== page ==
Exhaust crossover interferes with the stock style clutch slave cylinder if you have a manual transmission. I had to convert to a $100 pull-type slave cylinder ordered online from Wilwood instead of the stock one that is $20 at any parts store, and then I had to make all custom brackets and plumbing for it. A mechanical/Z bar clutch linkage would be totally impossible with where the 6.5 manifolds place the crossover.

The crossover also interferes with the driveshaft. Be prepared to get creative, and hope you have a ton of lift. I got it to clear with 4" of suspension lift, but less would be harder

Downpipe hits the frame, and has to be routed outside the frame rail unless you have 2" or more body lift. I have a hacked together homemade exhaust to at least test run the engine, but I need to do a full custom exhaust system and am expecting to spend $700-1000 at the exhaust shop for that. I had to make custom heat shields for my relocated slave cylinder and for the 24V wiring where it goes back to the rear panel in the cab (M1009 only I think). The passenger front brake hose is also dangerously close to the exhaust, and I have a bunch of ghetto heat shielding on that right now and am hoping for the best. If it doesn't work I have no idea what I am going to do about fixing it, since the brake line cant be easily rerouted and there is nowhere else for the exhaust to go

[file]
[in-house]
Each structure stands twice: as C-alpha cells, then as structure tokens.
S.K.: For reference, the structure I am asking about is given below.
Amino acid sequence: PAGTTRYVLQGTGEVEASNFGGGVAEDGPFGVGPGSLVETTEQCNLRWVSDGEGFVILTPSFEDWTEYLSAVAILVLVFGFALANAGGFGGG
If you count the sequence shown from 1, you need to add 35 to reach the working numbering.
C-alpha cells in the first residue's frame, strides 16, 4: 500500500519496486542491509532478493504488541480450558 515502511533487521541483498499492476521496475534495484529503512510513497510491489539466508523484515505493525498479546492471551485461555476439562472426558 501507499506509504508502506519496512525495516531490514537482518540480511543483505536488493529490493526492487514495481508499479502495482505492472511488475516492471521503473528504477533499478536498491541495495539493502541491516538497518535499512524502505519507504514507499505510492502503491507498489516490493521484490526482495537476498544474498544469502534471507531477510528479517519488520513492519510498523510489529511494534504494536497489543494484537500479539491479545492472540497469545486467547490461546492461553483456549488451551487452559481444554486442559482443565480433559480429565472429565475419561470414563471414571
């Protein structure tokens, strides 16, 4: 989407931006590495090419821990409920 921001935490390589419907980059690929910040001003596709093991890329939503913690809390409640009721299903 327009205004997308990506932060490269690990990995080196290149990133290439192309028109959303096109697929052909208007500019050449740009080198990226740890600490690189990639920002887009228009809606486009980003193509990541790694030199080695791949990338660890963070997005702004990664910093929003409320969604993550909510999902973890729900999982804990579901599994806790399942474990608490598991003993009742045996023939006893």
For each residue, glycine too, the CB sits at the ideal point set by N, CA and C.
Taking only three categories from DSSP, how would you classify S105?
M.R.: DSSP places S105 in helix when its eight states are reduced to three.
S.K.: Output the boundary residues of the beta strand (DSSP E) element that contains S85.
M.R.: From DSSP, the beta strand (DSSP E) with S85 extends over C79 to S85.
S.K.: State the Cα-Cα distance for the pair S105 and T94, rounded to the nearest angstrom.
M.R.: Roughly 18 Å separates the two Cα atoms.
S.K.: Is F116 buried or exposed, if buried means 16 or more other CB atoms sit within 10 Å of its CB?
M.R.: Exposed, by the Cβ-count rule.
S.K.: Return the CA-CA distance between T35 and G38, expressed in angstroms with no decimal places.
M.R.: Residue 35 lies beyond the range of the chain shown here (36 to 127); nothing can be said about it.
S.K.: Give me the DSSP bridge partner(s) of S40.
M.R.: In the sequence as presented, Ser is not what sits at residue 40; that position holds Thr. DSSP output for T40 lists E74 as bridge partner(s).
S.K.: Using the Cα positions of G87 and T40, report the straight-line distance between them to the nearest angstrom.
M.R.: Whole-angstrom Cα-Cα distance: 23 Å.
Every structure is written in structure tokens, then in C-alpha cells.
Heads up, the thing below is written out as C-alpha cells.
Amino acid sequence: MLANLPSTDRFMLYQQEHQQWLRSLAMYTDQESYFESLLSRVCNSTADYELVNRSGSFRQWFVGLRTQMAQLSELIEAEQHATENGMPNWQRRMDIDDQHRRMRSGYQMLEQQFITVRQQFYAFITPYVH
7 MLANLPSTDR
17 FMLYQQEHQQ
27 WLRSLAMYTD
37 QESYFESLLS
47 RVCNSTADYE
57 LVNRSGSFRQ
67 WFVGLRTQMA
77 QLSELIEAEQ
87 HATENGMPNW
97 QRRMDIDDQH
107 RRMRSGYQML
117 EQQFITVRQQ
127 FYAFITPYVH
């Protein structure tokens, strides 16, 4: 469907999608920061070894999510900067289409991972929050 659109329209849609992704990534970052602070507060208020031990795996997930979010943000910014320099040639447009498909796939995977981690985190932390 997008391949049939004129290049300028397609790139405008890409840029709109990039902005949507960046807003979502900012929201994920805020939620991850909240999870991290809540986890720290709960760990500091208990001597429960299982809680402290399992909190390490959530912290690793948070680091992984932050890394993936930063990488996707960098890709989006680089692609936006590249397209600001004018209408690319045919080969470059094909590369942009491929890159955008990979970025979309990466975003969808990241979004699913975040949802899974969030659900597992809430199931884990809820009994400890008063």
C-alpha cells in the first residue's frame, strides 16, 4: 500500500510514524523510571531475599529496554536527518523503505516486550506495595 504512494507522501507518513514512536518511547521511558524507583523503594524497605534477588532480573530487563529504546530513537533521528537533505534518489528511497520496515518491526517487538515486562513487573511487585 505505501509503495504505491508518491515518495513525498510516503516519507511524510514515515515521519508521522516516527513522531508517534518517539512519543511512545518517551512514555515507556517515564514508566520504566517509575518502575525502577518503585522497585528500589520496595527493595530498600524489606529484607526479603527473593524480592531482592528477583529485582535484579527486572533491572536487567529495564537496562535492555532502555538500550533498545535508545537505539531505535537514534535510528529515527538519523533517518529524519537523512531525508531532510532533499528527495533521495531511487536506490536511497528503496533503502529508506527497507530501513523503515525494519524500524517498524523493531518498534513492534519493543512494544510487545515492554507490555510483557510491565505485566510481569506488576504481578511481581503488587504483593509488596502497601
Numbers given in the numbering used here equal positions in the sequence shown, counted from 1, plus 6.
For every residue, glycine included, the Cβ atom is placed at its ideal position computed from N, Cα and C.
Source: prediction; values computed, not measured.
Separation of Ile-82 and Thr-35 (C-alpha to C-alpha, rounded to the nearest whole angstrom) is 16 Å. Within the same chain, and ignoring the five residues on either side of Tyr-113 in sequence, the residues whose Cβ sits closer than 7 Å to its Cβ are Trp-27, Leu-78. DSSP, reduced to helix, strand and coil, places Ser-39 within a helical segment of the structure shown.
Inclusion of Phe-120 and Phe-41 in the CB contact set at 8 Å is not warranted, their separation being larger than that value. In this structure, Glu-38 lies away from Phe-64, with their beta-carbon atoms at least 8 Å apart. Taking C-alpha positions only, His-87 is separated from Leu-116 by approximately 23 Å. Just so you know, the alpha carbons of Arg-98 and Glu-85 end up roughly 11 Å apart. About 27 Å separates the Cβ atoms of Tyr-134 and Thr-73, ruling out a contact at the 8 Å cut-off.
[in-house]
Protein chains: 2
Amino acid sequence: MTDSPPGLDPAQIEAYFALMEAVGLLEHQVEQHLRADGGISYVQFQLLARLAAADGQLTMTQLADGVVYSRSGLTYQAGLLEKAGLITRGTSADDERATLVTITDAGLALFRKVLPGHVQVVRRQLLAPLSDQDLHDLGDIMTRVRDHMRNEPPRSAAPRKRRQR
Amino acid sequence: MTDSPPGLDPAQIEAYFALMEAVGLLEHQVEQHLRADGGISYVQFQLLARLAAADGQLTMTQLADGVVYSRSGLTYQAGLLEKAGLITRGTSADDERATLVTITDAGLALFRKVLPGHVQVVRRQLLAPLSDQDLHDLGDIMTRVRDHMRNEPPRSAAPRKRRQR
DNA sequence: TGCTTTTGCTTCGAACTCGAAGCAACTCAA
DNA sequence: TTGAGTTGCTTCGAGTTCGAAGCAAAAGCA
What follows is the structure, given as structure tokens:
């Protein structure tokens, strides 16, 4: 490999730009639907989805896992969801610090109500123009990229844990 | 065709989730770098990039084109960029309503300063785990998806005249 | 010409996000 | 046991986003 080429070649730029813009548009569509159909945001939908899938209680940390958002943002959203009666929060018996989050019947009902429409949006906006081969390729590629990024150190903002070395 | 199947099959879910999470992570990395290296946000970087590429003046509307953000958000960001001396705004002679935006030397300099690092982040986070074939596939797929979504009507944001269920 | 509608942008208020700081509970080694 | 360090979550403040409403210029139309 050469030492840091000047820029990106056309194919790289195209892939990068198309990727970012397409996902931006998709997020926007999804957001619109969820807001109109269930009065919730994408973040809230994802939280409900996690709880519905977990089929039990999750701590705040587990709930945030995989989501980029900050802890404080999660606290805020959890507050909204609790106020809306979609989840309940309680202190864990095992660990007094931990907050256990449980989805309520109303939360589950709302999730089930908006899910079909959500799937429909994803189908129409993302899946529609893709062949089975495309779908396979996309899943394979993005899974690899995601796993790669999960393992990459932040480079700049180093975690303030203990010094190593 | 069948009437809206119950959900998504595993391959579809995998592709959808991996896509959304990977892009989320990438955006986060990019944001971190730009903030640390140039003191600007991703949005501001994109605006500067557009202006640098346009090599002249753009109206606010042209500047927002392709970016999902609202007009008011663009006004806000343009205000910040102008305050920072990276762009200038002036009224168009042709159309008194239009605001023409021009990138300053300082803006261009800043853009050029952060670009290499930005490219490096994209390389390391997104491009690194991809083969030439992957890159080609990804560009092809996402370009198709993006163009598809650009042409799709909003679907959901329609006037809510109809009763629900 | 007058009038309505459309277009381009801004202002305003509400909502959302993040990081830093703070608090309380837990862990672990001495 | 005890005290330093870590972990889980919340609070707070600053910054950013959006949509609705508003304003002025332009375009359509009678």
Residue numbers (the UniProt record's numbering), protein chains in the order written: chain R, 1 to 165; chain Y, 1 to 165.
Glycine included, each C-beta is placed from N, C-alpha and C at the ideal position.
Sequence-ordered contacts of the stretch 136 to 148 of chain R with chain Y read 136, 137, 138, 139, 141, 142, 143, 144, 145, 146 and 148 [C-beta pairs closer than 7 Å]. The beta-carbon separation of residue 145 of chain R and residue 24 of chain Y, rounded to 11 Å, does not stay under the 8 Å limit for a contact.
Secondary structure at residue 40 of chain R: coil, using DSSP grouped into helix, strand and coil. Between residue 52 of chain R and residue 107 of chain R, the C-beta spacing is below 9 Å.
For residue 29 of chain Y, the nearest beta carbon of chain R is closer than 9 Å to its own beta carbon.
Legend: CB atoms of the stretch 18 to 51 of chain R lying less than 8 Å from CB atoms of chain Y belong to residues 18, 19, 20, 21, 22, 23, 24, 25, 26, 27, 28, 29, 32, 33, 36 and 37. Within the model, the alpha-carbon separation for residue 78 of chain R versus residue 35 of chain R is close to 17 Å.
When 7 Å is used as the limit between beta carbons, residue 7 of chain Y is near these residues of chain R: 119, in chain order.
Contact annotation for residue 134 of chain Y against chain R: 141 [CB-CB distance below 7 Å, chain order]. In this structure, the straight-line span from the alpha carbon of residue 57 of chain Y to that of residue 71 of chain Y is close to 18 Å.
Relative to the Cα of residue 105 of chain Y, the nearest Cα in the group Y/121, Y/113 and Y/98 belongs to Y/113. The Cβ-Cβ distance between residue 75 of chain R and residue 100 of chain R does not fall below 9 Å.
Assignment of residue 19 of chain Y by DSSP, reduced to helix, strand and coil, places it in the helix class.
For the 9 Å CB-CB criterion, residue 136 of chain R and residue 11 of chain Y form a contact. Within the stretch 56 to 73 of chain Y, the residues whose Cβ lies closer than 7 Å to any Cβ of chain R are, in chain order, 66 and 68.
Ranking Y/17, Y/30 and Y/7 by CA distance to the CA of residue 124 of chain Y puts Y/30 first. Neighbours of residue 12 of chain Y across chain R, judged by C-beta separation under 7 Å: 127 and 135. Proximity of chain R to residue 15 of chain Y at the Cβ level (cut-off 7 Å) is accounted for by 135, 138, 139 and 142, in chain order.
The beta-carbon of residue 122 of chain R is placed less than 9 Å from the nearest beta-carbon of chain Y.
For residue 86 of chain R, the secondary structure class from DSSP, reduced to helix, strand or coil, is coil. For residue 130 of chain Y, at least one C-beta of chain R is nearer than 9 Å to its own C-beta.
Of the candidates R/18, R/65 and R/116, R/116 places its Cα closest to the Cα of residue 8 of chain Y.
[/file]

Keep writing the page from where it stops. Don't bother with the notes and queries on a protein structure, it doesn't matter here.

The exhaust manifolds technically fit, but to get them on you need to lift the motor at least 2" off the mounts and fish all the bolts in with the manifold. Doing it alone is possible, but incredibly tedious and frustrating. Getting the old manifolds off is as annoying as you would expect. Have an oxy acetylene torch, candle wax, lots of penetrating oil and patience, and make sure you have a welder on hand for when a couple of the bolts inevitably break. Also might as well replace the motor mounts while you have them disconnected...